22 April 2014
Trying to catch up on when the Nowhere Men comic series is going to start up again. After six issues they went on hiatus back in October of last year with no hint of when it will resume. Several sites are now, inexplicably, posting a #10 for pre-order, and Archonia has issues 7 through 10 listed with titles, yet also marked as "discontinued". Titles of the first six don't seem to appear anywhere in print, but they're available on the Image site:
- SCIENCE IS THE NEW ROCK 'N' ROLL.
- There are fates worse than death.
- Some disasters are bigger than others.
- Everybody's on the run.
- Dead to the world.
- Thinking the unthinkable.
- NOWHERE MEN #7 - Meet Monica Strange. Also found listed as "not available" but with cover image via Google search on TFAW
- NOWHERE MEN #8 - Life's what you make it. TFAW
- NOWHERE MEN #9 (MR) - The world is changing. TFAW.
- NOWHERE MEN #10 (MR) - From despair to where? TFAW
Reading Anxiety of influence: how Facebook and Twitter are reshaping the novel. It discusses both Dave Eggers' new novel The Circle, which I have not yet read, and Jennifer Egan's old novel A Visit from the Goon Squad, which I read back in 2013. Both deal with how people use and will use social technology. Eggers' is set in the future; Egan's spans past and future, with its future chapters chilling and incisive. I don't want to live there, but to a certain degree I already do and we all will. There's a particularly honest passage quoted about 2/3s down the Anxiety article. One character stops a face-to-face conversation so that she can continue it via text messages. To her, they are more direct and expressive. I understand that.
For no particular reason that I can recall, I had been recalling scenes from M. T. Anderson's Feed, which I read back in 2009. The Circle seems to have similar themes painting social media as golden handcuffs. And group these with Scott Westerfeld's Extras, which I read back in 2008. In that, social media, as in The Circle, becomes a shareable currency. Becomes the only currency. This is a unique anxiety that possibly didn't exist during other connection explosions. Postal. Telegraph. Wireless. Were we terrified of immediacy back then? Or is our current situation simply a higher energy state that risks so much more?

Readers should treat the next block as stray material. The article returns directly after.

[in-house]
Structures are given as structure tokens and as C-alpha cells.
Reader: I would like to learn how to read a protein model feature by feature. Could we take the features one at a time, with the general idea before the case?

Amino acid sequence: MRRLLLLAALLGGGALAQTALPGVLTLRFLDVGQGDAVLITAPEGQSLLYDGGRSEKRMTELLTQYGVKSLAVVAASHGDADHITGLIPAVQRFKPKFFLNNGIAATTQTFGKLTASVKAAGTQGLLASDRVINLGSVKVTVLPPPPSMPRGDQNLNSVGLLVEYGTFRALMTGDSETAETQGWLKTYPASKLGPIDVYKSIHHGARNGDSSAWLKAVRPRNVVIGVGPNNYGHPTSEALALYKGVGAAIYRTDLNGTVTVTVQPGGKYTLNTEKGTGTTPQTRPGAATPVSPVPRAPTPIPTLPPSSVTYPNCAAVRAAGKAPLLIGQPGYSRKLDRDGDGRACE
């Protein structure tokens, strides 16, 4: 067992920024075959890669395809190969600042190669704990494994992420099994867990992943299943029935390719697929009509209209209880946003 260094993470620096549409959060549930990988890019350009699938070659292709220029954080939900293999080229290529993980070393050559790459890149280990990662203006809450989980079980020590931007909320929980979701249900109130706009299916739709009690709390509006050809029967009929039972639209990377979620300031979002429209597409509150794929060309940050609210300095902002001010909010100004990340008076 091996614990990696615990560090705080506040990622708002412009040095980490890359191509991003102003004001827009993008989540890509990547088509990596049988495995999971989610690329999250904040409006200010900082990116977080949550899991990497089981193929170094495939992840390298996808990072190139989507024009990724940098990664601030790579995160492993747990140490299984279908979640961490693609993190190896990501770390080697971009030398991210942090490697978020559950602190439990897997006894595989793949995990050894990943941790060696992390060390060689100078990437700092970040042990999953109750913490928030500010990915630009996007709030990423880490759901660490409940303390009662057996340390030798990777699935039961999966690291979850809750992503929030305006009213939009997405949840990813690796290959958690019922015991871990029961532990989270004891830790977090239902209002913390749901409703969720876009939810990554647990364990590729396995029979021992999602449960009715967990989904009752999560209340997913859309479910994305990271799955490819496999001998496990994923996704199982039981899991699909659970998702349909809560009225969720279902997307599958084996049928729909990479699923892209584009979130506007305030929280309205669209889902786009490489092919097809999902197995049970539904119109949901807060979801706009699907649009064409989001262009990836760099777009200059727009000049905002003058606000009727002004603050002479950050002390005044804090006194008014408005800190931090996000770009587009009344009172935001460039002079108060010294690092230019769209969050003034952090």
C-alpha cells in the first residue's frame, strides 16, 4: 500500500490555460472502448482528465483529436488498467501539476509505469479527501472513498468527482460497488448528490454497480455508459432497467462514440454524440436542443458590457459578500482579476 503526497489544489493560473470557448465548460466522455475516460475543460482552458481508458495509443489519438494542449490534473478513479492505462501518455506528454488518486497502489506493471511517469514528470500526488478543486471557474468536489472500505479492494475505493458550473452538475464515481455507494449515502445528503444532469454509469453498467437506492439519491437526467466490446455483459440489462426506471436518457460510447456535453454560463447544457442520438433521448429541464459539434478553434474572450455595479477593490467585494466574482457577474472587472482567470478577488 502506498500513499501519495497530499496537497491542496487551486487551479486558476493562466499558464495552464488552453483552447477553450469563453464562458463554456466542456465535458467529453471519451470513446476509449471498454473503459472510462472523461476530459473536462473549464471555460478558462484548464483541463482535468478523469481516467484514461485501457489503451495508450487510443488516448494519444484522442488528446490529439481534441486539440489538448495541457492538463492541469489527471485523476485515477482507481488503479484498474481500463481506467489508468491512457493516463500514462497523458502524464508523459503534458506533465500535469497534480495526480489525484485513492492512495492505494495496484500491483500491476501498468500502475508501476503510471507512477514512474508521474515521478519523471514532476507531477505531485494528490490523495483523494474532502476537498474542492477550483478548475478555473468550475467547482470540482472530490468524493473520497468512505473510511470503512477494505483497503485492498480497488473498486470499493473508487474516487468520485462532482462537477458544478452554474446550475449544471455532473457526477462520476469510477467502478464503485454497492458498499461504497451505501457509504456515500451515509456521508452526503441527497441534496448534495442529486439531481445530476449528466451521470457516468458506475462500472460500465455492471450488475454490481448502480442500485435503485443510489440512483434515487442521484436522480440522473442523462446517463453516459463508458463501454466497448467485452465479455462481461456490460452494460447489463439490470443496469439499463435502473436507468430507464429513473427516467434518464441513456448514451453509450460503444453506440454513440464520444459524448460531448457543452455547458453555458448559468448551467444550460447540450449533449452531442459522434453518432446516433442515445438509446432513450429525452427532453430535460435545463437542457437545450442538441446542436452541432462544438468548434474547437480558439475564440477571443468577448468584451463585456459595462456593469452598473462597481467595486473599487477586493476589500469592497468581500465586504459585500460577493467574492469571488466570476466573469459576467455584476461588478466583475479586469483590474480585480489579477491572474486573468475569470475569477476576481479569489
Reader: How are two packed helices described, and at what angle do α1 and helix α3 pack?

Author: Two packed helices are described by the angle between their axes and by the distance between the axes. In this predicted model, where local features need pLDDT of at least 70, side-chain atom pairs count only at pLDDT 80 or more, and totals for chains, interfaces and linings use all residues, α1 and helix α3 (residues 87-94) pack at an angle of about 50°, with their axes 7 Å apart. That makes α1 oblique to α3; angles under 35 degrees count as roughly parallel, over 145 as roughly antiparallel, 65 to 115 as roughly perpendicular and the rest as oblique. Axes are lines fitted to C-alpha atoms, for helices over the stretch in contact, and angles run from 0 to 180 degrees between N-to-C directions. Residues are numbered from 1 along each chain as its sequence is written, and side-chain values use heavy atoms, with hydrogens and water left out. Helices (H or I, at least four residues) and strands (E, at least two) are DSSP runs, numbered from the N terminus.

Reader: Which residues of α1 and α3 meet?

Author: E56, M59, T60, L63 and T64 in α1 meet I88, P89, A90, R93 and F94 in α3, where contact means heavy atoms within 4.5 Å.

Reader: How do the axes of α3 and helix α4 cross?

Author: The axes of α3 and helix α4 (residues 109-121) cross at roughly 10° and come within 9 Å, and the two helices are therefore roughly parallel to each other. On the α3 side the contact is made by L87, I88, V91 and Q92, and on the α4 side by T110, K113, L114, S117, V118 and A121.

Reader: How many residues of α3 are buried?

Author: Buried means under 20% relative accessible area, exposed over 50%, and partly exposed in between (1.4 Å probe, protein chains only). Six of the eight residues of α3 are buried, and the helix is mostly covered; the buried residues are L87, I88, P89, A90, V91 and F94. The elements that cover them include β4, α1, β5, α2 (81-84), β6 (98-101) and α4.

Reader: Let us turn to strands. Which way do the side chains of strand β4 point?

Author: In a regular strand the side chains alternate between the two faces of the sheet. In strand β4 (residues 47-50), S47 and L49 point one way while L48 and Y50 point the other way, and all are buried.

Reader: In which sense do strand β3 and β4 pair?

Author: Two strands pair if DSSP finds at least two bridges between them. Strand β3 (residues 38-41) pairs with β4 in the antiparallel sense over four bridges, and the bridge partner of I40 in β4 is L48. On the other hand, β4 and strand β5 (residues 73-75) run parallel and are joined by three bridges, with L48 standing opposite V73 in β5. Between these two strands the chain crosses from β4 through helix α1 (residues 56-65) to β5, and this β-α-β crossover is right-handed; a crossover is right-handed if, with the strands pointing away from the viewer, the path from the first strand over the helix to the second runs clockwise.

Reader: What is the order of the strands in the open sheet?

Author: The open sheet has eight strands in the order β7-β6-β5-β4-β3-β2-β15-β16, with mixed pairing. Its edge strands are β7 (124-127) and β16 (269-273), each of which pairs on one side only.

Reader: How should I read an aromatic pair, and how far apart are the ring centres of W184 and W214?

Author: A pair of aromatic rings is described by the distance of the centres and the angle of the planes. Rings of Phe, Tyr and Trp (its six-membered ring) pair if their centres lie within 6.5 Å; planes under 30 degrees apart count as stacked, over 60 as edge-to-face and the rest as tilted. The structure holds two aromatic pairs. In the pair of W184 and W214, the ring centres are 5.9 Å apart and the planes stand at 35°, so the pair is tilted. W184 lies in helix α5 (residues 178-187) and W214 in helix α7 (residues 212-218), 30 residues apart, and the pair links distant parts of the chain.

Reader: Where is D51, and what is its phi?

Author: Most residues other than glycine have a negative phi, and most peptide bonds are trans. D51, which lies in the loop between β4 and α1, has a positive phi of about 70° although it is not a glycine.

1 April 2014
So part of my tasks for March were to get back to the doctor in order to figure out what's wrong with my right hand. Last July, I went to a hand specialist to make sure nothing crazy was happening. Symptoms: slight difficulty typing and playing piano, progressing over the last nine months, with my 3rd and 4th fingers tending to stick up when I use them. Typing was slower, descending arpeggios with the 2nd or 3rd fingers crossing over was clumsy. He had me wear a brace, take ibuprofen, and make sure my office setup was more ergonomic: stop typing on a laptop and use an external keyboard; get wrist supports for the keyboard and mouse. I followed this for several months and things only got worse. What was I doing wrong?
By February, I tried additional exercises and eventually spoke with a friend who does PT who recommended some stretching and, of course, emphasized that I need to go back to my doctor. The exercises had no effect. Early March, I went back to the doctor to explain the non-change and he scolded me for waiting so long. Off to a neurologist and some not painful but by-no-means-enjoyable test that involved both electric shocks and long, thin needles shoved into muscle. Plus a neck x-ray. His diagnosis: minor carpal tunnel and, unrelated, early degenerative arthritis and bone spurs in most/all of my cervical vertebrae. Options were: cortisone shot, drugs, PT. My preference was PT, but with less than two weeks to our Italy trip, that would have to be postponed so a shot was provided in the interim. No change, but it was nice that the doctor called me the next morning to check on progress.
Days after the shot, my hand specialist finally got the results and his secretary was shocked that they didn't just send me back to them before doing anything. What do I know? Another couple of days pass and the doctor calls me directly (twice in one week?) to convey his diagnosis. Somewhat important, he emphasized that shots, drugs, PT will do nothing since the lengthy period of pressure on the nerve had already damaged it. Dead nerves don't come back, but surgery would eliminate the pressure and, with good probability, get me back most/all of my mobility.
The surgery can wait ("enjoy your vacation!" he says) and will be 15-minute out-patient with results in a couple of days. Insurance--which, around the office, is the biggest point of pain--has been, so far, pretty good. Thee are lessons here. Somewhere.